Once she became a research assistant in the psychology department, she couldn’t stop, often spending nights and weekends in the lab, helping professors, undergrads and graduate students. She found where she belonged.
In 1997, she received a bachelor of arts in psychology, summa cum laude. At the University of Utah, she earned two more psychology degrees, both with specialization in social psychology: a master of science in 2000 and a Ph.D. in 2002.
As a social psychologist, she studies how people are affected by others and by their social and physical environments. That’s not to be confused with a clinical psychologist who offers therapy and treatments. “I make that very clear,” Smith said. “People are disappointed when they sit next to me on an airplane.”
She may measure whether feedback is motivating or discouraging based on how it’s worded, an example highlighted by her professor’s comments when he handed back her exam. “If he would have said, ‘You got a 98,’ period, it wouldn’t have meant as much,” Smith said.
She did extensive research at MSU that included implementing a National Science Foundation ADVANCE grant to broaden female participation in STEM and social behavioral science fields. Under her leadership, MSU saw a 66% gain in the number of women faculty hired and she put programs in place to help raise women’s research funding in ways that significantly narrowed the gender-gap.
Smith, who was also special assistant to the provost, ran the Motivation and Diversity research lab. She has more than 80 publications and has given roughly 160 presentations to both professional societies and community members.
“I am definitely a stick-your-neck-out kind of person.”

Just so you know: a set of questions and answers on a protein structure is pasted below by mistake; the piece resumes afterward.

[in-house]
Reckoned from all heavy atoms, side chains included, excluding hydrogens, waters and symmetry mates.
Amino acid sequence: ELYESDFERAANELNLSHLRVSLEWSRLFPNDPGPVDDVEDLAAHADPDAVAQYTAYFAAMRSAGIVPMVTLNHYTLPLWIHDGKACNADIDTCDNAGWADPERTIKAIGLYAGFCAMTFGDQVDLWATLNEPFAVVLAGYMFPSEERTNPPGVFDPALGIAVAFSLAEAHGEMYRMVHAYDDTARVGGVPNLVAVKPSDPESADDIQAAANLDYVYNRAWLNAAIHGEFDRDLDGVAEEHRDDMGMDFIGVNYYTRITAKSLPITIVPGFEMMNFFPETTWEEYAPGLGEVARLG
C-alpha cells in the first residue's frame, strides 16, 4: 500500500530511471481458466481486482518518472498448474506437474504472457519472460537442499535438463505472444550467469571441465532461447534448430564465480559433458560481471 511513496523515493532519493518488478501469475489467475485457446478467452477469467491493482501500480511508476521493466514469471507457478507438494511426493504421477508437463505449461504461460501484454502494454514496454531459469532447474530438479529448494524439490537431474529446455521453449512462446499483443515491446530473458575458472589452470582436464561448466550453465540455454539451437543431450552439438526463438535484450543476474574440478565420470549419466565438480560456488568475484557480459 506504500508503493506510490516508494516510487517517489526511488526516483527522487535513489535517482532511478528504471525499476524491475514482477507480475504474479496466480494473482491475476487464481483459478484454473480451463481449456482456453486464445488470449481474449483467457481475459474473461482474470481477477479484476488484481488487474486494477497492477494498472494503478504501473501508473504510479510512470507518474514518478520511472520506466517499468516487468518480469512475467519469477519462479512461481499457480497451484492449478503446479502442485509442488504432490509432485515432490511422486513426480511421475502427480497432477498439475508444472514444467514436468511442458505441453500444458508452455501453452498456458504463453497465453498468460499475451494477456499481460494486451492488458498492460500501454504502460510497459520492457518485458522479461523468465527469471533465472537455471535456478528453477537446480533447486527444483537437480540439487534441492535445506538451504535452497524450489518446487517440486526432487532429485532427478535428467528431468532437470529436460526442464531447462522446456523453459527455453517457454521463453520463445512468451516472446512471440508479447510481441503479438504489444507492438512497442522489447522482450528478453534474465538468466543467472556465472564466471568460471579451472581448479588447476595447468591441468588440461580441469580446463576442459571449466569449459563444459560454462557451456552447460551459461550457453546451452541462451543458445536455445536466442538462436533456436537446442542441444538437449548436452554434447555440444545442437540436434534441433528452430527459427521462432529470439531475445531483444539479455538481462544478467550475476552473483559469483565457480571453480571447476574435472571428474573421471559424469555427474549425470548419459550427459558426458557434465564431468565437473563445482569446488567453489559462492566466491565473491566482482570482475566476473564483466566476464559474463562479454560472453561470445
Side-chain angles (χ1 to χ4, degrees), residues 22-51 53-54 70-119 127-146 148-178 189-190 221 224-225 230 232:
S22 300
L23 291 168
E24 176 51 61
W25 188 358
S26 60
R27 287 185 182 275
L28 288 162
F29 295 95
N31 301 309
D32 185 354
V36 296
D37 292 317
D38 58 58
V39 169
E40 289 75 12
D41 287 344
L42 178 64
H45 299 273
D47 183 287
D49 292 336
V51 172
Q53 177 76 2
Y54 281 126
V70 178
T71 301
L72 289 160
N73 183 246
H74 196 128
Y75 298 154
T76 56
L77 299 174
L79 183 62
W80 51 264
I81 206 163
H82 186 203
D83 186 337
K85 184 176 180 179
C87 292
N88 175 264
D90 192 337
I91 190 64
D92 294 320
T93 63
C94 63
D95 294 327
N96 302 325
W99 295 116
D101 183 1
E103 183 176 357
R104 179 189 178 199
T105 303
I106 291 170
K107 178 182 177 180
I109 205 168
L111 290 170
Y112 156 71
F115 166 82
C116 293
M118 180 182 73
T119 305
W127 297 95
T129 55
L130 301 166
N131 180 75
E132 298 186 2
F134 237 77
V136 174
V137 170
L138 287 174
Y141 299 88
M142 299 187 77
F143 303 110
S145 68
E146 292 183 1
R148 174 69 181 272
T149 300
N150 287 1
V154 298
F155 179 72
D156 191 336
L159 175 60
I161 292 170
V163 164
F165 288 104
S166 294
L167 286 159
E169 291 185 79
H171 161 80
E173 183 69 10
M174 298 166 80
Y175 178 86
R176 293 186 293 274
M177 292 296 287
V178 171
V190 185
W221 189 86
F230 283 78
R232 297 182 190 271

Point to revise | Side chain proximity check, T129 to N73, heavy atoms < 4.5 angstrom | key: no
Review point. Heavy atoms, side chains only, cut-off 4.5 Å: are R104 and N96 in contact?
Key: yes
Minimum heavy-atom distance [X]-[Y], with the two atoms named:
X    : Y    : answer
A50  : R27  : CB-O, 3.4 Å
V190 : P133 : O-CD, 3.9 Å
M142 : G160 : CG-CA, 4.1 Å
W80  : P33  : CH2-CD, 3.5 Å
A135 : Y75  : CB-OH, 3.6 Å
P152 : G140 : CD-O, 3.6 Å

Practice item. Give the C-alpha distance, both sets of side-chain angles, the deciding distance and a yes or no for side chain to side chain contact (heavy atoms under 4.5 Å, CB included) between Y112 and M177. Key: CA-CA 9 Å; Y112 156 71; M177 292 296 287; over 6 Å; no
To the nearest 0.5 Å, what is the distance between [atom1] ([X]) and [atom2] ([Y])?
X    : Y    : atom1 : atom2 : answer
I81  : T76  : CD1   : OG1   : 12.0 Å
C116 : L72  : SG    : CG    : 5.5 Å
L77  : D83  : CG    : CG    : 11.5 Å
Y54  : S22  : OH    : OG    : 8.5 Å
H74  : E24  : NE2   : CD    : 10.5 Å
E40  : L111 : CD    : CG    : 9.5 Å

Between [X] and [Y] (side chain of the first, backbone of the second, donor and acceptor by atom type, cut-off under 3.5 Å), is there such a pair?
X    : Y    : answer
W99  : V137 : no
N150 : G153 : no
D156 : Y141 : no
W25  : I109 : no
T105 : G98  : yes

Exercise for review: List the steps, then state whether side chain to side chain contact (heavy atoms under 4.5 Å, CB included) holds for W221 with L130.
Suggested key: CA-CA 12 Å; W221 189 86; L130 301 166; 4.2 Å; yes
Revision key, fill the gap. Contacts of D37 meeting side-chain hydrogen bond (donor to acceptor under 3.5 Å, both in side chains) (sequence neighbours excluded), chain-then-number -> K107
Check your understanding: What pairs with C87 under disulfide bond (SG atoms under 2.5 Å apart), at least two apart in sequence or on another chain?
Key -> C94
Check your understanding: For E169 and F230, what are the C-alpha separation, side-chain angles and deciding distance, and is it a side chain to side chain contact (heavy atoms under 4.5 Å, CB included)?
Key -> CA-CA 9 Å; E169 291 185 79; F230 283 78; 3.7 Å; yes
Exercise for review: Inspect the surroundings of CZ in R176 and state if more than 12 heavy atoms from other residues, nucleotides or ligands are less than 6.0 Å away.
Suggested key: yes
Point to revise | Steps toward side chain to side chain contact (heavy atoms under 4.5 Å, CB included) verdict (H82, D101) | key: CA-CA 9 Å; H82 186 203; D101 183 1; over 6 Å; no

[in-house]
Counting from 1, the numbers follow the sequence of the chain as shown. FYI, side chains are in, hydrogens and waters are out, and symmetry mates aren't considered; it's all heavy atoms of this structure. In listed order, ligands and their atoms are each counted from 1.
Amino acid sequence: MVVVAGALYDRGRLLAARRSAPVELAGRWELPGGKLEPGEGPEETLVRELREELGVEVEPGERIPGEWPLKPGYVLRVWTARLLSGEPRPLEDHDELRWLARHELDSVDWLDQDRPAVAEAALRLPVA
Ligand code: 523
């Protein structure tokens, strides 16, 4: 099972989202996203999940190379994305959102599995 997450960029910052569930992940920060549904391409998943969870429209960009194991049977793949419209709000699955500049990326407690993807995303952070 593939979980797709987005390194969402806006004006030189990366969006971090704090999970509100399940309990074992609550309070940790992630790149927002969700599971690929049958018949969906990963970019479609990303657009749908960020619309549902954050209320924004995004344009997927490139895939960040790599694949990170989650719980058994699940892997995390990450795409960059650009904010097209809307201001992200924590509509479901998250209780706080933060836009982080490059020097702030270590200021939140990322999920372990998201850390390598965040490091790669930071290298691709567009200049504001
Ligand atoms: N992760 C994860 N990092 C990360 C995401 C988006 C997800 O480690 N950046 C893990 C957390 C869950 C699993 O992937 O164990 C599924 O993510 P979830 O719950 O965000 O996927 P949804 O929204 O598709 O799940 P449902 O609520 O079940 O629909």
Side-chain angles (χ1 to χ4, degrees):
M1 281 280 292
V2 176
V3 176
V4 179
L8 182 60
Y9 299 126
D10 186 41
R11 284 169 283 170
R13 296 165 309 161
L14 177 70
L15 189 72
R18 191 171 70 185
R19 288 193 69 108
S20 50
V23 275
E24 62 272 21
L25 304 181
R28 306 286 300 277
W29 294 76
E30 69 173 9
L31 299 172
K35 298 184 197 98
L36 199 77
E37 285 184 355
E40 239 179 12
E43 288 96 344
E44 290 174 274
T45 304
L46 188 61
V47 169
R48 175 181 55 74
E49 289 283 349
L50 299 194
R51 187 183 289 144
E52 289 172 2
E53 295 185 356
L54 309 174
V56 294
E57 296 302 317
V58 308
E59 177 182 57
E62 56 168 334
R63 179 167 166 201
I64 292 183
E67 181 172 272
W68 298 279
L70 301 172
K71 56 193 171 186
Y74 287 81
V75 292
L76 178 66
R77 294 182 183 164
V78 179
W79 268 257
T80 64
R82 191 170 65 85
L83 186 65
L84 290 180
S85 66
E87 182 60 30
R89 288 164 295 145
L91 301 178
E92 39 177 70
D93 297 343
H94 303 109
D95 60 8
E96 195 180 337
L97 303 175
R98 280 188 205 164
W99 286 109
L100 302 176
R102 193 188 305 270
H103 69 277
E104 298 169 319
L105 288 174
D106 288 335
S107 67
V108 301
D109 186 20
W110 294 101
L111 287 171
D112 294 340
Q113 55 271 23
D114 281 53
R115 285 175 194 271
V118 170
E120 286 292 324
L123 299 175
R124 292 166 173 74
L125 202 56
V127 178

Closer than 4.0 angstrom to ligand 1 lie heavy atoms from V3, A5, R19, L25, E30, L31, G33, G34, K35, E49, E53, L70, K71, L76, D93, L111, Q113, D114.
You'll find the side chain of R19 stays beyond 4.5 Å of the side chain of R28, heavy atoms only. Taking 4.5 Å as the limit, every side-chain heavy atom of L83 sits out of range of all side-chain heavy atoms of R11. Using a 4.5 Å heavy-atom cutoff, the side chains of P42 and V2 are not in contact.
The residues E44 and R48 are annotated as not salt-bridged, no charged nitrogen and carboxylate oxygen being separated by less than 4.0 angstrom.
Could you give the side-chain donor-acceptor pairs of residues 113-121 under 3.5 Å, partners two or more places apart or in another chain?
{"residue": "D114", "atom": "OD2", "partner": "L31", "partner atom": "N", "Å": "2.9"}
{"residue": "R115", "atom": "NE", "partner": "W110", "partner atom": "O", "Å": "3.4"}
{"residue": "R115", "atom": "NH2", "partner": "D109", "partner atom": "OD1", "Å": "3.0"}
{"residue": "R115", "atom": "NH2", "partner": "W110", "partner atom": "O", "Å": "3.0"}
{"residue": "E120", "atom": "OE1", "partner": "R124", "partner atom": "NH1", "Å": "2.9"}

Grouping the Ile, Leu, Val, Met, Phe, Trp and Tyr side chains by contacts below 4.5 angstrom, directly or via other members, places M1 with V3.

Early during her career at MSU, a top scholar suggested the key to success is getting your work done by burying your head, much like an ostrich. Smith thinks there’s value in that sometimes, but that’s not how she carries herself, personally or professionally.
“You can be an ostrich with your head in the sand or you can be a giraffe and put your neck out,” Smith said, noting the UCCS mascot was a giraffe when she was an undergrad. “I am definitely a stick-your-neck-out kind of person.”
She is open about being a lesbian and talks about her family—her son is 11 and her partner is a UCCS women’s and ethnic studies instructor—“to draw attention to the fact that difference is valued.”
At her first faculty job as an assistant psychology professor at a midwestern university, she was once kicked underneath a table after speaking up during a faculty meeting.
“Jessi is going to tell you what she thinks and when she disagrees with you,” said Kelli Klebe, a UCCS psychology professor and dean of the graduate school who was Smith’s mentor when she was in the undergraduate psychology honor’s program. “But when you make a decision, she’ll be right behind you, supporting you.”
Connecting with people in a way that breaks down barriers is one of the most important things for Smith.
“At the end of the day, I want to make people laugh,” she said. “That’s my style so people will hear what I’m saying but aren’t threatened or defensive. I mean business, but I want to make you laugh, too.”
— Photos by Anslee Wolfe
Read earlier faculty profiles in this series here: